Dr Karleen Gribble from the UWS School of Nursing, Family and Community Health surveyed 107 Australian mothers aged 21 to 45 years, who were breastfeeding 114 children at least two years of age or older.
Dr Gribble asked the women about their breastfeeding history, how they felt about breastfeeding an older child, and aspects of the mother-child relationship. In a first, the survey also contained a number of questions for the mothers to ask the children, who ranged in age from 24 to 78 months.
Released to coincide with World Breastfeeding Week (1-7 August), the study not only sheds light on why the mothers continue to breastfeed, but reveals how the children - who spoke of 'being able to cuddle mummy' and enjoying the 'yummy' taste of breastmilk - play an important role in the decision-making process.
The overwhelming majority of mothers - 92 per cent - enjoyed breastfeeding their children, and felt it had helped strengthen the mother-child relationship.
However breastfeeding a toddler wasn't something the mothers had necessarily planned. 75 per cent didn't intend to breastfeed past 12 months, however their increased confidence and knowledge about breastfeeding, and a sense of their own enjoyment and that of the child, encouraged them to delay weaning.
92 per cent of mothers reported that breastfeeding their previous children had influenced their current experience, with many motivated to breastfeed for longer this time around.
Dr Gribble says despite recommendations by the World Health Organisation (WHO) that children be breastfed up to two years of age or beyond, and the proven health benefits for both mother and child, many still question the value of continuing to breastfeed beyond 12 months.
"The associated social stigma has meant the practice of breastfeeding older babies and toddlers is hidden behind closed doors. Less than one per cent of Australian children are breastfeeding on their second birthday. As a result, the breastfeeding of older toddlers has been largely ignored in research, and is poorly understood," says Dr Gribble.
Dr Gribble says her research reveals the decision to continue to breastfeed beyond infancy is as much a desire of the child as it is the mother.
"Only 7 per cent of women said they had intended to breastfeed this long. The choice to initiate and continue breastfeeding is usually couched in terms of maternal decision making, but it's evident from this study that as a child grows that it becomes a mutually-negotiated decision," says Dr Gribble.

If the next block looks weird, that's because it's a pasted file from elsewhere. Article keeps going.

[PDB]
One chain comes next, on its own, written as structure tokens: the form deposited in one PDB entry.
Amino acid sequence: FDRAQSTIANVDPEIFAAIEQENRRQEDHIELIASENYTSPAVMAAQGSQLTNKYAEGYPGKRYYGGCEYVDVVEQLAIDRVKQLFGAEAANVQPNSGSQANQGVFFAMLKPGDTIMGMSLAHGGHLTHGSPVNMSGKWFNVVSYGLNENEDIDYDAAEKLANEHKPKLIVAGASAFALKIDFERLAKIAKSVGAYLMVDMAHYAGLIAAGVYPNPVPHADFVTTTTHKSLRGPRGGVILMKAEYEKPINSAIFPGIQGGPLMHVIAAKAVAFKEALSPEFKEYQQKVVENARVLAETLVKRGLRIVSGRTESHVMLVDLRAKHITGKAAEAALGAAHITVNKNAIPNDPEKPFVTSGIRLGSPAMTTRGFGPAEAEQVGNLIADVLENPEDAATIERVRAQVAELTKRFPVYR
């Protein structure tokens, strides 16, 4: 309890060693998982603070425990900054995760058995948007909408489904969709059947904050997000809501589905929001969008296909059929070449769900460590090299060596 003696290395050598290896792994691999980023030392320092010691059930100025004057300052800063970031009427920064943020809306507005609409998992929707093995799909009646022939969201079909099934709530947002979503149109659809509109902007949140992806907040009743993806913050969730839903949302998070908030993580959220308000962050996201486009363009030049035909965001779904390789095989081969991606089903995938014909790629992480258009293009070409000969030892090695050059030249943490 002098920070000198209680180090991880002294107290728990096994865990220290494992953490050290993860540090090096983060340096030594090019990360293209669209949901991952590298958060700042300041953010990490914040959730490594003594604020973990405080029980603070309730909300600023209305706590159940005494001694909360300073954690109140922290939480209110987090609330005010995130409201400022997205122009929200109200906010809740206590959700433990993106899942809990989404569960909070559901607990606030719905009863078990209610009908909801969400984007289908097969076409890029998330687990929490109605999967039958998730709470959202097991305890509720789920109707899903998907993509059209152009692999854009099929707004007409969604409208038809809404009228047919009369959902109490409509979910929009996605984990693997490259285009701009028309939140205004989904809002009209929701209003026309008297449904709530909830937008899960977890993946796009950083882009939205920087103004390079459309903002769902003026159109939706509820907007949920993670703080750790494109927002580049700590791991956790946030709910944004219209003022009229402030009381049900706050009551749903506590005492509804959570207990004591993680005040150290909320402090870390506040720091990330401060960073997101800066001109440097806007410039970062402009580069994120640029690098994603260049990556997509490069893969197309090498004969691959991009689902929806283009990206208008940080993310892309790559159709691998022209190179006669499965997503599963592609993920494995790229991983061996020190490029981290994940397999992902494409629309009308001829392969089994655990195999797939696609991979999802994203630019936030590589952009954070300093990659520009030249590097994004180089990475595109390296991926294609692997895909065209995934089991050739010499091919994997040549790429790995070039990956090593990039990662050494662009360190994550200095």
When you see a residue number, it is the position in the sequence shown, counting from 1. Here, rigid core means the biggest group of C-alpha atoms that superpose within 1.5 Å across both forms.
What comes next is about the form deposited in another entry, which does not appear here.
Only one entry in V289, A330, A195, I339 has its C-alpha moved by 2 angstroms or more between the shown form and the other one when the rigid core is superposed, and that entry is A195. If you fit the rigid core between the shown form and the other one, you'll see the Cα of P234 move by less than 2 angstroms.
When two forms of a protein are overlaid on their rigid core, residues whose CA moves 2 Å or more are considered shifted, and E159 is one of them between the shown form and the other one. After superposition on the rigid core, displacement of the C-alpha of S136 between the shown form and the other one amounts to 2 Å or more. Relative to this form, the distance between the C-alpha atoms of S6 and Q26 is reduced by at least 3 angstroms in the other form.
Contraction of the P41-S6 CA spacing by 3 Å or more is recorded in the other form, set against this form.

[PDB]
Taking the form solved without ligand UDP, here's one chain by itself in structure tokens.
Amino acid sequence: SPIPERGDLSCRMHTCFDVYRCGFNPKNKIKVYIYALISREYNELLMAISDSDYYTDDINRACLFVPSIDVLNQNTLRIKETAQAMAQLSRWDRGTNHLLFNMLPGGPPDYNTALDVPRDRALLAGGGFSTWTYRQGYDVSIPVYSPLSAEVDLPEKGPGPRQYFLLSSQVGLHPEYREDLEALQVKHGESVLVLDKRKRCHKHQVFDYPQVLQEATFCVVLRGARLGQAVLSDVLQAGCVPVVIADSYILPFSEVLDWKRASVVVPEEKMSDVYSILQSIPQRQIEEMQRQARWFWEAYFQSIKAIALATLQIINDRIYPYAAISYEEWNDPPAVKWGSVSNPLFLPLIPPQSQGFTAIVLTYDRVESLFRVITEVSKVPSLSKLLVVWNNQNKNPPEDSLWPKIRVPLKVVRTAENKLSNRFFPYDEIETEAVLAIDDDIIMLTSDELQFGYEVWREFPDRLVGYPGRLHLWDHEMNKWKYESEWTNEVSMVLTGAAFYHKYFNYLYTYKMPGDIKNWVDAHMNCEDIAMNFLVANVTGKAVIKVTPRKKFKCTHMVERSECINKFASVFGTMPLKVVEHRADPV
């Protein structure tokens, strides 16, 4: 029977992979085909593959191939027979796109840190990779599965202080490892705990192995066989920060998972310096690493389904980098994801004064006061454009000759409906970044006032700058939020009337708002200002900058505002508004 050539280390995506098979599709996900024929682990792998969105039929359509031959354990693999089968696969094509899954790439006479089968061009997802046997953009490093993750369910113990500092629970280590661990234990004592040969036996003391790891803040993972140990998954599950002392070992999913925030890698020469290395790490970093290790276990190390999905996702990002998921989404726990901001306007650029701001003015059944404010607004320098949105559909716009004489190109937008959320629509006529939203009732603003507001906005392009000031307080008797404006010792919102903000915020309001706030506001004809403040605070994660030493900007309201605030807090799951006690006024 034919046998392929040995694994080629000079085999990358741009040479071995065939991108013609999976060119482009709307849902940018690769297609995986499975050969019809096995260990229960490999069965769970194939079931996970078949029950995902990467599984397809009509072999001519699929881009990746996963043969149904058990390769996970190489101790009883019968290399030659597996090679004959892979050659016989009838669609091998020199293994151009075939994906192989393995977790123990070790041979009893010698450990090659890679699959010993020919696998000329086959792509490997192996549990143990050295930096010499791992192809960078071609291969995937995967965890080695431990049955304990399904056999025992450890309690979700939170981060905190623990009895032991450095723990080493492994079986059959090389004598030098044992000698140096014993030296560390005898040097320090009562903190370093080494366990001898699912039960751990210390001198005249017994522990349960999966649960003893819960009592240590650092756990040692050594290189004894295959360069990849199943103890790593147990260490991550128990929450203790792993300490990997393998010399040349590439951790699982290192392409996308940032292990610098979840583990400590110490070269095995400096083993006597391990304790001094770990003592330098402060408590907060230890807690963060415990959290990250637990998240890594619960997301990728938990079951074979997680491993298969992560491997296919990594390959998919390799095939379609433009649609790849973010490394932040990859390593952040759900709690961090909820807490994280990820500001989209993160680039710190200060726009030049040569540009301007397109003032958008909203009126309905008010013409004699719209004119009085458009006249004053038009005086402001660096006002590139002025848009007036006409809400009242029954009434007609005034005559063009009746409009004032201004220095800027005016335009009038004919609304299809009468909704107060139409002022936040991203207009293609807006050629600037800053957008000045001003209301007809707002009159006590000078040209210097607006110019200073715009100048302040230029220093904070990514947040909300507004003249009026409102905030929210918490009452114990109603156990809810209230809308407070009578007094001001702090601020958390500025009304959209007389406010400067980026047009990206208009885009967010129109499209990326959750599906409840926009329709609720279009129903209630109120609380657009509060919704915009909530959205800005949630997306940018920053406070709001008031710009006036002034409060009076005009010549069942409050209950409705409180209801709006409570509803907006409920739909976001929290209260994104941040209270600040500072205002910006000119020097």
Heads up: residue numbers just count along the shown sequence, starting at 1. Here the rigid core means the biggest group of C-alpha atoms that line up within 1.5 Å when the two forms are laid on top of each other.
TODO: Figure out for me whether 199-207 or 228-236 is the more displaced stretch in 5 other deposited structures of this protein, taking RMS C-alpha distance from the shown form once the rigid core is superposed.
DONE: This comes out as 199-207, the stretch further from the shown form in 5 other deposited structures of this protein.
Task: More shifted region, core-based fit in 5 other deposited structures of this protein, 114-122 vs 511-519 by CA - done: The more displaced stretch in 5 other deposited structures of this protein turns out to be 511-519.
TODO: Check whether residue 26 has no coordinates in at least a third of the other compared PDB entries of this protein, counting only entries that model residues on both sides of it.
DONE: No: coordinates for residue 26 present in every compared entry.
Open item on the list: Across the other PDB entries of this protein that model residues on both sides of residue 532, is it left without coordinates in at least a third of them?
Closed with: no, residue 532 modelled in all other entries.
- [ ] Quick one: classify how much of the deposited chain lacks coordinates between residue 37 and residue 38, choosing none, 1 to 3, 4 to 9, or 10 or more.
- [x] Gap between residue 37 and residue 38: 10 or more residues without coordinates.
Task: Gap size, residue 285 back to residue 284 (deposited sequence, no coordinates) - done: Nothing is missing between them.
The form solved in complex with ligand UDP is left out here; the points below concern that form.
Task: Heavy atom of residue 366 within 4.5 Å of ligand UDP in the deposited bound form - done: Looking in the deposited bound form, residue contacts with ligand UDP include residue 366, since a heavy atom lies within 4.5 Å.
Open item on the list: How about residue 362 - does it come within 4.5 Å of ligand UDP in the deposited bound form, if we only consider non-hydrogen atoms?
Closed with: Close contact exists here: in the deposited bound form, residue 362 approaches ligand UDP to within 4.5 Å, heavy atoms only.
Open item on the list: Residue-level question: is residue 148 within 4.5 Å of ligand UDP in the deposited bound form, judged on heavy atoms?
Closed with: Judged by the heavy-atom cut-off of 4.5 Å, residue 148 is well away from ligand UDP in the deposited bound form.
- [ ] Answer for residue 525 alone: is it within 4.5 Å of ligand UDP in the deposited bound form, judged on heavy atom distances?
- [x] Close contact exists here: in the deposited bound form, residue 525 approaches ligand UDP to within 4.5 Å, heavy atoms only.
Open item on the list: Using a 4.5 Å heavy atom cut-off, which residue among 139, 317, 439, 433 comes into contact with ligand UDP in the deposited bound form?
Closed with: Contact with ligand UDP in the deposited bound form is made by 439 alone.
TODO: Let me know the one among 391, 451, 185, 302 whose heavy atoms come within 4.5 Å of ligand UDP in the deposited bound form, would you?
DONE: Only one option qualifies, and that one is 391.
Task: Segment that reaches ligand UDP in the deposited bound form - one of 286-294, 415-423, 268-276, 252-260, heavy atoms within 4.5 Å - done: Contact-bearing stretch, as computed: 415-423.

"For these mothers, there was a change in their own attitude, usually as a result of seeing others breastfeed toddlers, or their increasing knowledge and confidence, or their own enjoyment of breastfeeding. However the most common reason for continuing to breastfeed was that the child simply enjoyed it, and did not want to wean."
Dr Gribble says many of mothers were happy to continue breastfeeding because they found it easier and more enjoyable than they first anticipated.
"60 per cent of mothers said breastfeeding had gotten easier over time, while just five per cent stated that breastfeeding had become more difficult. Many of the women had actually overcome significant difficulties to continue breastfeeding, such as early attachment problems, pain, post-natal depression, childhood sexual abuse, major illness, serious allergy, and multiple births," she says.
Mums believed their toddlers continued to enjoy breastfeeding primarily because it provided comfort; secondly, because of the intimacy and closeness involved; thirdly because they were hungry; and fourthly because they simply liked the taste of breastmilk - which was clearly backed up by the children.
"When children were asked about breastfeeding, nearly all said they breastfed because they loved it - they liked the milk and it made them feel happy or good," says Dr Gribble.
"Children made comments like: 'I like cuddling Mummy, it's my treat' or breastmilk tastes 'as good as chocolate' and 'better than ice-cream'."
Dr Gribble says low breastfeeding continuation rates are a major concern for health care professionals across Australia - not only because premature weaning means more illness in infants, but because of longer term consequences for the child and mother, contributing significantly to health care costs.
"We can learn a lot from the women in this study about how and why they persisted with breastfeeding. This may help to encourage more women to continue with breastfeeding through and beyond infancy for the benefit of both mothers and children," says Dr Gribble.
Dr Gribble will present the results of her study at an international breastfeeding conference in Hobart in September.
The theme of this year's World Breastfeeding Week is 'Breastfeeding and Family Foods' - drawing attention to the value of breastfeeding to two years or beyond.
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